Connecticut Officials Weigh In On MetLife-Travelers Deal
Connecticut Attorney General Richard Blumenthal says he will appear before the state Department of Insurance to oppose MetLifes planned acquisition of Travelers Life & Annuity.
Blumenthal says he will ask the DOI to kill the deal on the grounds that it would wipe out numerous jobs in Hartford.
“This acquisition is against the public interest because it will destroy jobs, damage our economy and disadvantage families,” Blumenthal says in a statement. “My message to MetLife is simple: Keep jobs in Hartford or keep your hands off Travelers.”
The DOI has not yet scheduled a hearing on the acquisition. A spokeswoman says the department is still awaiting information from MetLife needed to complete its application for state approval of the deal.
Among other details, the DOI asked MetLife for more information about assets included in the deal, a description of how the two companies businesses complement each other and an explanation of why the acquisition is in the public interest.
MetLife, New York, offered in January to acquire Travelers Life from Citigroup Inc., New York, for $11.5 billion.
MetLife announced last week that it plans to offer 1,400 “ongoing positions,” including 1,100 jobs in Hartford, to Travelers Lifes 2,000 employees.
MetLife already has about 1,200 employees of its own in Connecticut.
Connecticut Governor M. Jodi Rell says she was disappointed by the announcement of the job cuts.
“For MetLife, this is a business deal,” Rell says. “For me, this is about the lives and livelihoods of hundreds of dedicated employers and their families.”
Because MetLife says it has negotiated as much as it can about saving jobs, Rell said she spoke to Blumenthal about intervening with the DOI. “I know governments role in business acquisitions is limited,” she says. “But MetLife needs to know that I will fight for these jobs in every way possible.”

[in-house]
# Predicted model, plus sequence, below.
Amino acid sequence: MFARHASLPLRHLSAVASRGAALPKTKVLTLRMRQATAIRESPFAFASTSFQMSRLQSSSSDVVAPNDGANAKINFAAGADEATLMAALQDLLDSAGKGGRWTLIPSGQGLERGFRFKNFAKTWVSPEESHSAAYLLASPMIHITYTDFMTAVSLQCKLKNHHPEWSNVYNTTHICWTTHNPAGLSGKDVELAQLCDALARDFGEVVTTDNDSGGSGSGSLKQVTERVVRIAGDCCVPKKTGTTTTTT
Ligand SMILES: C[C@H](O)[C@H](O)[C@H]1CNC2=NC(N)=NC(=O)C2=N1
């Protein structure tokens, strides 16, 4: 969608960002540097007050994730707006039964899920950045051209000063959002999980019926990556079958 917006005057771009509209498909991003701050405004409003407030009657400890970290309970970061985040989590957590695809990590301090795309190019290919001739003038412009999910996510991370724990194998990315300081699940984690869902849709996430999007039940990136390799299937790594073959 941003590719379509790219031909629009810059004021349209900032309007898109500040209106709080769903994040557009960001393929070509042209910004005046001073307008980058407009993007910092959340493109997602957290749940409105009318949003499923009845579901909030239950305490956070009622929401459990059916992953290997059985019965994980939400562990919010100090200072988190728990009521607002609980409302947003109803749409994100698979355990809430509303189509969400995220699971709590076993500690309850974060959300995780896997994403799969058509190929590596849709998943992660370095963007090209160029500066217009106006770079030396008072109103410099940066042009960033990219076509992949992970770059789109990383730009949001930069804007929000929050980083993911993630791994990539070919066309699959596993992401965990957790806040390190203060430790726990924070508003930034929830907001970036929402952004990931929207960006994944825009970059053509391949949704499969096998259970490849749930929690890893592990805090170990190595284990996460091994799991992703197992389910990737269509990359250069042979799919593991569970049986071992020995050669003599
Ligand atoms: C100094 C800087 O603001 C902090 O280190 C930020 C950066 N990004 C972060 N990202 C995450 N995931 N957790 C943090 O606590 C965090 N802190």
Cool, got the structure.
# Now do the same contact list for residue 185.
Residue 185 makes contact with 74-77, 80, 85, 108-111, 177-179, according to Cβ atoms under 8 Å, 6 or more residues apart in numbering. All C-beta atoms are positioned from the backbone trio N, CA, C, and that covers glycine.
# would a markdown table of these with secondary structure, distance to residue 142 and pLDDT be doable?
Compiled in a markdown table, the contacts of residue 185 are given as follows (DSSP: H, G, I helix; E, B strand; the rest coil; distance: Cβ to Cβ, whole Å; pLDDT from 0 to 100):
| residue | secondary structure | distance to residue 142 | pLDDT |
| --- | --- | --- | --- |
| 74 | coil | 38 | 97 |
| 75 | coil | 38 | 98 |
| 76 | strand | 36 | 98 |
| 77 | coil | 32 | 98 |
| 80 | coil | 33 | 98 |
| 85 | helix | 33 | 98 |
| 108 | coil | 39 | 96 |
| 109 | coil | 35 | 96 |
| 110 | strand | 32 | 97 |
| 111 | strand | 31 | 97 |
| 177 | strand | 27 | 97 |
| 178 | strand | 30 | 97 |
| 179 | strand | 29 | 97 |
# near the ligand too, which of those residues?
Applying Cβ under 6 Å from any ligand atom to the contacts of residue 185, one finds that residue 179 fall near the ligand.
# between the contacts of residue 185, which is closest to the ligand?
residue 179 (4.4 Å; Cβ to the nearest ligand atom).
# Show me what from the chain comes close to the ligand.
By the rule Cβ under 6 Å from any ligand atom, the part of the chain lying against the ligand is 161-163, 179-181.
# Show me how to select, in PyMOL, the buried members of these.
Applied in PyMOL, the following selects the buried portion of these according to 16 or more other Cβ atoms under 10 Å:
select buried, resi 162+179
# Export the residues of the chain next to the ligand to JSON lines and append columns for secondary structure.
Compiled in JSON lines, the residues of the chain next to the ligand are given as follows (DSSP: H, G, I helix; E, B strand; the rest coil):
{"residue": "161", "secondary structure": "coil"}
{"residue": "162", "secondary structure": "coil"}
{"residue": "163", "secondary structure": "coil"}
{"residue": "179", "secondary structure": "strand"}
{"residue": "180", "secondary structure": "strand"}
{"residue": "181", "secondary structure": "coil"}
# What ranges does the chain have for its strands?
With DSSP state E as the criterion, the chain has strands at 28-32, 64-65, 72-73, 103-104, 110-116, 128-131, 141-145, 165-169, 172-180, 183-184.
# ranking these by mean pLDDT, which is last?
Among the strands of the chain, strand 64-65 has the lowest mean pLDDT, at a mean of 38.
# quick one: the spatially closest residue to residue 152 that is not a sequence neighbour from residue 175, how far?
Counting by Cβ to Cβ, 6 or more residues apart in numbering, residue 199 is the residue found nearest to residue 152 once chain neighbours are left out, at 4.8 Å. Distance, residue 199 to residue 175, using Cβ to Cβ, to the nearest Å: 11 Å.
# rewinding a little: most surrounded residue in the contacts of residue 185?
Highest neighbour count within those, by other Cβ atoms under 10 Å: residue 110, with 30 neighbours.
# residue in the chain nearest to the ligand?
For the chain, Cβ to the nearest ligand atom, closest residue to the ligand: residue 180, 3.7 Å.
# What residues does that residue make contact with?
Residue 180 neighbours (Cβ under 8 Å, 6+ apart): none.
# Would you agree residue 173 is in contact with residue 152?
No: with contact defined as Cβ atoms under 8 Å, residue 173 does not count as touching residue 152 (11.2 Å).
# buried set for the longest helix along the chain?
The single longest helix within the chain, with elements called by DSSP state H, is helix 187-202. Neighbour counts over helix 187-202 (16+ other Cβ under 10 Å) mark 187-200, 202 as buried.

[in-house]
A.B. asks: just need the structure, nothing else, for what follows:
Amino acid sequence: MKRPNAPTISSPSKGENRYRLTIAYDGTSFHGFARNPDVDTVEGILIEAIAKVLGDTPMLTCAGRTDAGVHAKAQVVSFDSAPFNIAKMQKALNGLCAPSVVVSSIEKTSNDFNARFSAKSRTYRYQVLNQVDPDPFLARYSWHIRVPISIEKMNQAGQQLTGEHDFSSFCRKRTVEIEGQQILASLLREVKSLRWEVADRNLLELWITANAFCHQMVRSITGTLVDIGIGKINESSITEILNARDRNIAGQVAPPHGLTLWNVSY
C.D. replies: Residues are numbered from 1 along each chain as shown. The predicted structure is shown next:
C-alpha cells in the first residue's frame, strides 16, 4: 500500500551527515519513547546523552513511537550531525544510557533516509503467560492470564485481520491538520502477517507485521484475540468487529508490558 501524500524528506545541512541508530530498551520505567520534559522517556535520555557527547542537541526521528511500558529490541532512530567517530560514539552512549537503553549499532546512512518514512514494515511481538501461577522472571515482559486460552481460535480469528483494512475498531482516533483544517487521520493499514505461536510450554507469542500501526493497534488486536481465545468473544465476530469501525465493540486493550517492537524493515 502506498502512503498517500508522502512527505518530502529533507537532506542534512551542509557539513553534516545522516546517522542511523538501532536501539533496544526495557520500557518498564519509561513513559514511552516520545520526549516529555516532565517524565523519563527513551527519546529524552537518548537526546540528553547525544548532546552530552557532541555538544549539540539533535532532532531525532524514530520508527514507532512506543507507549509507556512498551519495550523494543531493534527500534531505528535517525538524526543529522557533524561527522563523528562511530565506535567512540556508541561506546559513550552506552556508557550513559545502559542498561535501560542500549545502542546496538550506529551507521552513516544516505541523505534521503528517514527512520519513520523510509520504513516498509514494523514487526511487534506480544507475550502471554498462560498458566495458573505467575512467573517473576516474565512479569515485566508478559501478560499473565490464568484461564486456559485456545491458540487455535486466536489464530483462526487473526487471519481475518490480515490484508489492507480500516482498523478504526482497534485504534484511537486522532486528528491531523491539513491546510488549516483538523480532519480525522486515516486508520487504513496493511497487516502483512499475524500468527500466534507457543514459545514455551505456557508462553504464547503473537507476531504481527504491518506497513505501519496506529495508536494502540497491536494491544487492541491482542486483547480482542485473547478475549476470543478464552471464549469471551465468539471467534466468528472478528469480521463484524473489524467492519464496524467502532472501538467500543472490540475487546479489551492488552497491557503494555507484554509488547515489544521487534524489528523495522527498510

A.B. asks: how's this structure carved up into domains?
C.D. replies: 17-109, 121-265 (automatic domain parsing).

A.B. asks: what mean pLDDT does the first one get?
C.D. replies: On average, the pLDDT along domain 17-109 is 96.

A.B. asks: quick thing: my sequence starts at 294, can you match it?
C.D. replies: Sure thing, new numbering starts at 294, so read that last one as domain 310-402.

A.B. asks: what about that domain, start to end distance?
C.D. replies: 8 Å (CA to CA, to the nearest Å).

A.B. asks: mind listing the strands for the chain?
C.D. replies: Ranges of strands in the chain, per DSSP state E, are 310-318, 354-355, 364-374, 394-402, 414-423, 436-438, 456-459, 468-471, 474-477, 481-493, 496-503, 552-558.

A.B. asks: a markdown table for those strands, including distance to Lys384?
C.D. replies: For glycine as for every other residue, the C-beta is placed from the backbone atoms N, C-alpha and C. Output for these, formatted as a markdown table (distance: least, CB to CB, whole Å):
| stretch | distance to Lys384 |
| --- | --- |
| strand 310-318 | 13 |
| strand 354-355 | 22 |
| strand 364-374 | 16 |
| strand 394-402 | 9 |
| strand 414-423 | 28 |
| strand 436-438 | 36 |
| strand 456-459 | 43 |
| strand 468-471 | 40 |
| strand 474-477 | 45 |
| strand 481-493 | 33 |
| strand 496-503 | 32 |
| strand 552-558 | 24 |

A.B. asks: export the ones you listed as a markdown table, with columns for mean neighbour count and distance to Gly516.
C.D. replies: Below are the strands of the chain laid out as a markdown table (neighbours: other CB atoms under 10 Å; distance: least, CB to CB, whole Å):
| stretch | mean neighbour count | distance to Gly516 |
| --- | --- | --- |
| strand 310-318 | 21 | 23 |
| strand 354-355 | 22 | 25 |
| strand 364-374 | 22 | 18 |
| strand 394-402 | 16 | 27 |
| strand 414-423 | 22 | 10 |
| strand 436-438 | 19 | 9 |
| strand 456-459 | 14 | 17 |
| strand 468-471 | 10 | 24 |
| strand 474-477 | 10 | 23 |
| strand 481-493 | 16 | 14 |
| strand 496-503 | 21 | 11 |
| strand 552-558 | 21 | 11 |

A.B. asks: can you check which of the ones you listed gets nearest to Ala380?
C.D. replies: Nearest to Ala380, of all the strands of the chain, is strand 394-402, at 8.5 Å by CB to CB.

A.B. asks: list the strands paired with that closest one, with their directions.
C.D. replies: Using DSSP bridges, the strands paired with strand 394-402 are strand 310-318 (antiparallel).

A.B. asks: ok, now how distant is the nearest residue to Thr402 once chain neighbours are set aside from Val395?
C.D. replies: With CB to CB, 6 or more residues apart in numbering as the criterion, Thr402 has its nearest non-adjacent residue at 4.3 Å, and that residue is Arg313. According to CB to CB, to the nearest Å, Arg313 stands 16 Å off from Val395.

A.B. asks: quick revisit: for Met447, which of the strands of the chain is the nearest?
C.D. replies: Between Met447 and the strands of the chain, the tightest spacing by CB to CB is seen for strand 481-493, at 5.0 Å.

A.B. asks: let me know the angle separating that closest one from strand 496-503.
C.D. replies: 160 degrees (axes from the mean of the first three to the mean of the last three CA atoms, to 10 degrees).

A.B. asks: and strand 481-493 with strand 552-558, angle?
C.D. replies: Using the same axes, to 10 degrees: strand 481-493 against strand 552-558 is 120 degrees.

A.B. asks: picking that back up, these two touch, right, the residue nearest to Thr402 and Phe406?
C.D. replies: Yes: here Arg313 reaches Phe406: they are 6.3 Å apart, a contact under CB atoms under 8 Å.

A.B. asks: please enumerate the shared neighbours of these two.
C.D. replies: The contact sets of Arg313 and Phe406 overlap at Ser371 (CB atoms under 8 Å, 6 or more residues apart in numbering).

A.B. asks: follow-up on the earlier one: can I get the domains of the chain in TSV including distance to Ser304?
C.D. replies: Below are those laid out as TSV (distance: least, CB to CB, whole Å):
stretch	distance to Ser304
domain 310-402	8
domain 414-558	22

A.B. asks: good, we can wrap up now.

Andrew Kligerman, an analyst with UBS Investment Research, New York, comments, however, that he fears MetLife may eliminate too few jobs.
If Rell succeeds at keeping MetLife from streamlining Travelers, MetLife could fail to meet its cost-cutting goal, Kligerman writes.
He sees the job controversy is just one of several risks to MetLifes return on equity. “The deal appears to offer limited strategic benefit other than scale,” he writes.
MetLife issued a statement that it is trying to find a middle ground between the advocates and opponents of job cuts.
“Our decision on jobs is based on MetLife making a business decision on how best to merge two businesses while at the same time being sensitive to the jobs situation in Hartford,” the company says.
Reproduced from National Underwriter Edition, April 15, 2005. Copyright 2005 by The National Underwriter Company in the serial publication. All rights reserved. Copyright in this article as an independent work may be held by the author.